Louise did not know her mother and was raised by her father. From the time she was a small child, she was taken to the Dominican sisters, who gave her a good education. Later, she went on to further education at a residence for young girls in Paris. Her education was much better than that of most children her age, and Louise became one of the best educated women of her time.
Louise had a desire to join a religious order, but she was not allowed to join. She married Antoine le Gras, secretary to the Queen Mother, in 1611. According to Louise, Antoine was a good man. Throughout their marriage, Louise travelled a lot and socialised with the royalty and aristocracy of France. Louise and Antoine had a son, Michael, and lived together happily for many years. Antoine, however, became sick, and he died in 1625.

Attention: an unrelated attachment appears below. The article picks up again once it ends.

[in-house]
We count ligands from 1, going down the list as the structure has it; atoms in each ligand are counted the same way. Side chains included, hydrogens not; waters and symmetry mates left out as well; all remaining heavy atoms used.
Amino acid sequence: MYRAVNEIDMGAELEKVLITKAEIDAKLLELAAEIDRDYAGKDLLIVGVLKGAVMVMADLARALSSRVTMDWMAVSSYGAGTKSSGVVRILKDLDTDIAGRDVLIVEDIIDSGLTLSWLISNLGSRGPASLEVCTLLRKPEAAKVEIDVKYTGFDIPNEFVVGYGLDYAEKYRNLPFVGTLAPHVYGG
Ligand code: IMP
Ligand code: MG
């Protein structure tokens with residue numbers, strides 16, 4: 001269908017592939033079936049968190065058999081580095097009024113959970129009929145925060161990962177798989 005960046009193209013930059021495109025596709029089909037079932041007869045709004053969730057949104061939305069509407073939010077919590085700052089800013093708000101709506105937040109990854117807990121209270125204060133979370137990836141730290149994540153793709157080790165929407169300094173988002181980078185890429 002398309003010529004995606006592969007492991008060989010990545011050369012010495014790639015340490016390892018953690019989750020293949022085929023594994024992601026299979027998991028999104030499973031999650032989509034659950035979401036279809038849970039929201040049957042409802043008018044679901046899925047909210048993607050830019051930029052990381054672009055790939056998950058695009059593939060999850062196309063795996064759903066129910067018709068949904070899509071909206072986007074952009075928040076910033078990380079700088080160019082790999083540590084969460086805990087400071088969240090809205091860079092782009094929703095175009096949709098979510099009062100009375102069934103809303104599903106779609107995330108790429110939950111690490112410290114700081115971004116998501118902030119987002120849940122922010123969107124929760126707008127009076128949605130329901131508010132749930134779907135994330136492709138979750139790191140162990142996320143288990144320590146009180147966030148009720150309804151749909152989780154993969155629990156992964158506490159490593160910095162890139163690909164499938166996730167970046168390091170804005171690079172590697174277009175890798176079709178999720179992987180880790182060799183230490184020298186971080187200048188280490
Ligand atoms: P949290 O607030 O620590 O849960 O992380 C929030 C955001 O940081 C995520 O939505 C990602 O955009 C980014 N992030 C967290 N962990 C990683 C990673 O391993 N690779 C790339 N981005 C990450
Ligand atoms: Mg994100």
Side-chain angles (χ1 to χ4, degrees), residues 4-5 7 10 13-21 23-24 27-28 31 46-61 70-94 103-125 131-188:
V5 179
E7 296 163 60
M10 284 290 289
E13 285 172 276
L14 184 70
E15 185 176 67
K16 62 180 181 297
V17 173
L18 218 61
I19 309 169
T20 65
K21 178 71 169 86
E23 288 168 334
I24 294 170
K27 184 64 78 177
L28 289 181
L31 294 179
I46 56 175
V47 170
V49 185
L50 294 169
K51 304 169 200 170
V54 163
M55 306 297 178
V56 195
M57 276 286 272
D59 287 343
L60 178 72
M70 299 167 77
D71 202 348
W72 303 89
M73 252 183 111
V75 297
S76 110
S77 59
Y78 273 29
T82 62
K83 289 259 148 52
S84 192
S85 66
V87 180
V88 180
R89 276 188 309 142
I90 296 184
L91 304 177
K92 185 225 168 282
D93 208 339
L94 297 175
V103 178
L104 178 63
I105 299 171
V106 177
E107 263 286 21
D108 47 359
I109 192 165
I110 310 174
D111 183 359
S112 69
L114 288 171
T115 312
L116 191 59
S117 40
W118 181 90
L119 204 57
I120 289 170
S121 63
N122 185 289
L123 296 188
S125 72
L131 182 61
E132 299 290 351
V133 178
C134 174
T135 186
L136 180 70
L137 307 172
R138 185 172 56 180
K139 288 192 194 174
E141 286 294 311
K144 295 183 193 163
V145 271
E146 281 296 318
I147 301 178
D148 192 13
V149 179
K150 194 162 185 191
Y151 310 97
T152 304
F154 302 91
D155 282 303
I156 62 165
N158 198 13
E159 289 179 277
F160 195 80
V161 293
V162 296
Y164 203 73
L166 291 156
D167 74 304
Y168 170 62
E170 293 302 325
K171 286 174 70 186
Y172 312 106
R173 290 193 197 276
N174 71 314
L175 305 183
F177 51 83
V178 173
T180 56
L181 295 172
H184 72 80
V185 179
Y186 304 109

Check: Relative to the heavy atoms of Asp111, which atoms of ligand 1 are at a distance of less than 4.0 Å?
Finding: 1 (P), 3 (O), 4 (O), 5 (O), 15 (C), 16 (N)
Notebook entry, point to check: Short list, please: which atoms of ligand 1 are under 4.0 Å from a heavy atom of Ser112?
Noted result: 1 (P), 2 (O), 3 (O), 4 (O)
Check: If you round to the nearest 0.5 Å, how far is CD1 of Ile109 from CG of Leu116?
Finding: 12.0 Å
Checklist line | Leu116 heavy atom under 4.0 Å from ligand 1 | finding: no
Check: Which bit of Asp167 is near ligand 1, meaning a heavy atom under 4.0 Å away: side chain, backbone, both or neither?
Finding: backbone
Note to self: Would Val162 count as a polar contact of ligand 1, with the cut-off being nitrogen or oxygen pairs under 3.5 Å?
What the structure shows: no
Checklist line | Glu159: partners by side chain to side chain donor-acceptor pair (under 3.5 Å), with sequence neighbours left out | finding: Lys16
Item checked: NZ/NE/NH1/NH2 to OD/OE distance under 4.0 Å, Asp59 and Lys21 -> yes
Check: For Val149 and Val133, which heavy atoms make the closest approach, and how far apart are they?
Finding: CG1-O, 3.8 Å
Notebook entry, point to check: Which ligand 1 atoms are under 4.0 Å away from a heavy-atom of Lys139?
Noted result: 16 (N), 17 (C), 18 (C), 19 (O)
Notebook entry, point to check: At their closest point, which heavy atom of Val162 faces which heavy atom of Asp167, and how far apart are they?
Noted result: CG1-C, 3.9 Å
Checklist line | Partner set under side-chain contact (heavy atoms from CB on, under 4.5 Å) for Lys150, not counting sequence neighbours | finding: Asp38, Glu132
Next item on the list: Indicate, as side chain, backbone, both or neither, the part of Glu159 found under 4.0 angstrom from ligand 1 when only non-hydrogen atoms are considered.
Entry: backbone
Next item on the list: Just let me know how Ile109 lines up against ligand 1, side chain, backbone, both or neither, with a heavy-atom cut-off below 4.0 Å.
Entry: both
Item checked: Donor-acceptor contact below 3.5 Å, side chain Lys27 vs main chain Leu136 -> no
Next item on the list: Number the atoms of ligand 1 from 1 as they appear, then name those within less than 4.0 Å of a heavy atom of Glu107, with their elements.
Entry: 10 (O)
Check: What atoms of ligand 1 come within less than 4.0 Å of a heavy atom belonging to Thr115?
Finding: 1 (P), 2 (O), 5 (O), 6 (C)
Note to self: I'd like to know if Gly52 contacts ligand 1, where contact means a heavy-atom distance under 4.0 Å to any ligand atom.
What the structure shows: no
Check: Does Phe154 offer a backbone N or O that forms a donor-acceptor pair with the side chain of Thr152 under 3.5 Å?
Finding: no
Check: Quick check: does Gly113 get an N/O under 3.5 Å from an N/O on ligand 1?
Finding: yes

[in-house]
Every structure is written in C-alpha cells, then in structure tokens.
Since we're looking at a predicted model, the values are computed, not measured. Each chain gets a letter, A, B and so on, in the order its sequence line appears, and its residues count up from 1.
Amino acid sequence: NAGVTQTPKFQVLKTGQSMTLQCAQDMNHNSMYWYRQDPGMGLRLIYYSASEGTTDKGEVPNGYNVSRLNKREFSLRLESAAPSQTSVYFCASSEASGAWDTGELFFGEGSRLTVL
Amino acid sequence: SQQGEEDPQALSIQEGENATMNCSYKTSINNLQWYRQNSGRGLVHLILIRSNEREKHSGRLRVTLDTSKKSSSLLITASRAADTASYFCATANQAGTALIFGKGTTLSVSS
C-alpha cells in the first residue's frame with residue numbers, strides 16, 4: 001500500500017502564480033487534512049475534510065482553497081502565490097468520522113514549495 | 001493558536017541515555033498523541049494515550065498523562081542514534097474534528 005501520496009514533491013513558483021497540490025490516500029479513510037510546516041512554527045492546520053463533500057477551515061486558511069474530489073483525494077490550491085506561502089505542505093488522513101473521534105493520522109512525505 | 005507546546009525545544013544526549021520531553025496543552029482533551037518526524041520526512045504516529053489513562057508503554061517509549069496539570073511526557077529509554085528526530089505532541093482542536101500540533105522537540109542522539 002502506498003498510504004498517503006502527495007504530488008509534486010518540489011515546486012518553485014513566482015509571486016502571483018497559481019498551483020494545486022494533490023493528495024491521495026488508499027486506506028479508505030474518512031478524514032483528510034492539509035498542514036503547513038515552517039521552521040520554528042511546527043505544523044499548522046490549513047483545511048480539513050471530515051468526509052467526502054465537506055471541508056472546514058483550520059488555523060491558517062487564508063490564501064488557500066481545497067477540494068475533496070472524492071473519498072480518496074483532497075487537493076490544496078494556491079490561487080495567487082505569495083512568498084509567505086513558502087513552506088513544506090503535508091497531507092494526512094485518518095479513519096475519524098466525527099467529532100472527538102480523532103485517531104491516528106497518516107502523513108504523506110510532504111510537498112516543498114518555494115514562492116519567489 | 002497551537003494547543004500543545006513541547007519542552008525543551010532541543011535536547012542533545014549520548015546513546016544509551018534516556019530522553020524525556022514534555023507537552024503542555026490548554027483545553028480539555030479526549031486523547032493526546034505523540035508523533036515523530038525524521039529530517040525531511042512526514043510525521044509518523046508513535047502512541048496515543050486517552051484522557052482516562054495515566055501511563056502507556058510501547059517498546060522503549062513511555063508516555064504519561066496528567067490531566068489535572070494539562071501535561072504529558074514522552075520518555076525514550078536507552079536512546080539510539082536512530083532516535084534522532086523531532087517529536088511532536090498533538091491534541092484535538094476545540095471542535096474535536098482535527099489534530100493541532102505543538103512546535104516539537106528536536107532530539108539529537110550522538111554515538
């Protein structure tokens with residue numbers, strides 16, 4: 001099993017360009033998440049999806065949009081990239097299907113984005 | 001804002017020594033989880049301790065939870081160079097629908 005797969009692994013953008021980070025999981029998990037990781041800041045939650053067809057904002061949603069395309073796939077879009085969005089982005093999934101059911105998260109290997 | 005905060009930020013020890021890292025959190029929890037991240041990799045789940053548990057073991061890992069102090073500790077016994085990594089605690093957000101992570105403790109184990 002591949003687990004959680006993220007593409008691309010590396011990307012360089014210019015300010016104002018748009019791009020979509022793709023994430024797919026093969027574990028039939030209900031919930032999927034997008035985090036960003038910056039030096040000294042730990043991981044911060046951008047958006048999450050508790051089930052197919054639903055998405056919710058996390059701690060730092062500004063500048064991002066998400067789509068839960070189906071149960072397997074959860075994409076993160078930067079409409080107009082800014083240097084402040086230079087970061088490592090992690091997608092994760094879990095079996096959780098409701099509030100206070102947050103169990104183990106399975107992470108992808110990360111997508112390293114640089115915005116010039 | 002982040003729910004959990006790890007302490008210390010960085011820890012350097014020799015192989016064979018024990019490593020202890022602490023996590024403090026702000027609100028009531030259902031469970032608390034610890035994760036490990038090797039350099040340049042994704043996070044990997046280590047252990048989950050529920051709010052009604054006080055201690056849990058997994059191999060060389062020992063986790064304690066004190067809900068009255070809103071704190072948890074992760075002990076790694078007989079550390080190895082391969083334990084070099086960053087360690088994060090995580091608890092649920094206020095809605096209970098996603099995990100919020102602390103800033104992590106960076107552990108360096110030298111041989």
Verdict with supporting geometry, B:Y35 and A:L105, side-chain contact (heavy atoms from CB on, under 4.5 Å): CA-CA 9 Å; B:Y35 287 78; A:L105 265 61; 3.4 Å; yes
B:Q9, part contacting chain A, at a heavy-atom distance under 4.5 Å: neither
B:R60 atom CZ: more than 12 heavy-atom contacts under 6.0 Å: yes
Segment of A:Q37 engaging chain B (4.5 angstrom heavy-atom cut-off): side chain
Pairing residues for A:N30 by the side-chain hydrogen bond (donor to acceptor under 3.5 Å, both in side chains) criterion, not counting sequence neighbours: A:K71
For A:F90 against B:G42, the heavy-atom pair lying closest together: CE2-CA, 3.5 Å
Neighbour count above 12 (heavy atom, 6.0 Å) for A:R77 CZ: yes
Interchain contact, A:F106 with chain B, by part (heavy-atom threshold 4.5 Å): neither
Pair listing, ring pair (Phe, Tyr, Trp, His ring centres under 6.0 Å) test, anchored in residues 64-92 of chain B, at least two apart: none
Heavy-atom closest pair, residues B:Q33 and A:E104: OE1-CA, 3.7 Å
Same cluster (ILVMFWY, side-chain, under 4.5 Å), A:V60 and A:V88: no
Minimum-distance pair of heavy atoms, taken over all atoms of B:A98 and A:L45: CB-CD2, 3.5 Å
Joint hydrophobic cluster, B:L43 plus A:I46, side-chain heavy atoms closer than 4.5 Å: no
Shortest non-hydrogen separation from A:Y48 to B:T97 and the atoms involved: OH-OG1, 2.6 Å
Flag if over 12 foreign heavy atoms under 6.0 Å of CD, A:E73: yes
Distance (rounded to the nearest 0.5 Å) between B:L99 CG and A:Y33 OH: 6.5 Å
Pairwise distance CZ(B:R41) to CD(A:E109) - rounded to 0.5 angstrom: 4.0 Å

After her husband died, Louise met and became friends with Vincent de Paul. Despite the fact that she had come from a background of wealth, and knew many rich people, she was just as comfortable around poor people. Louise dedicated her time to helping abandoned children on the streets. She also visited sick men in the prison hospital and established a house near the hospital where, each day, many women would cook food that visitors would then take to the prisoners.
Throughout France, women set up centres to serve the poor. Louise pushed for every village to have its own clinic, school nurse and teacher. With Vincent, Louise started the Daughters of Charity in 1642. The Daughters of Charity were a revolutionary order of the poor. They helped abandoned children, people who were poor and sick, wounded soldiers, slaves, people who were mentally ill and the elderly. Today, there are over 20,000 Daughters of Charity, and they continue to help people in need.
Louise is the patron saint of sick people, widows and orphans, and in 1960, Pope John XXIII proclaimed her the Patroness of Social Workers.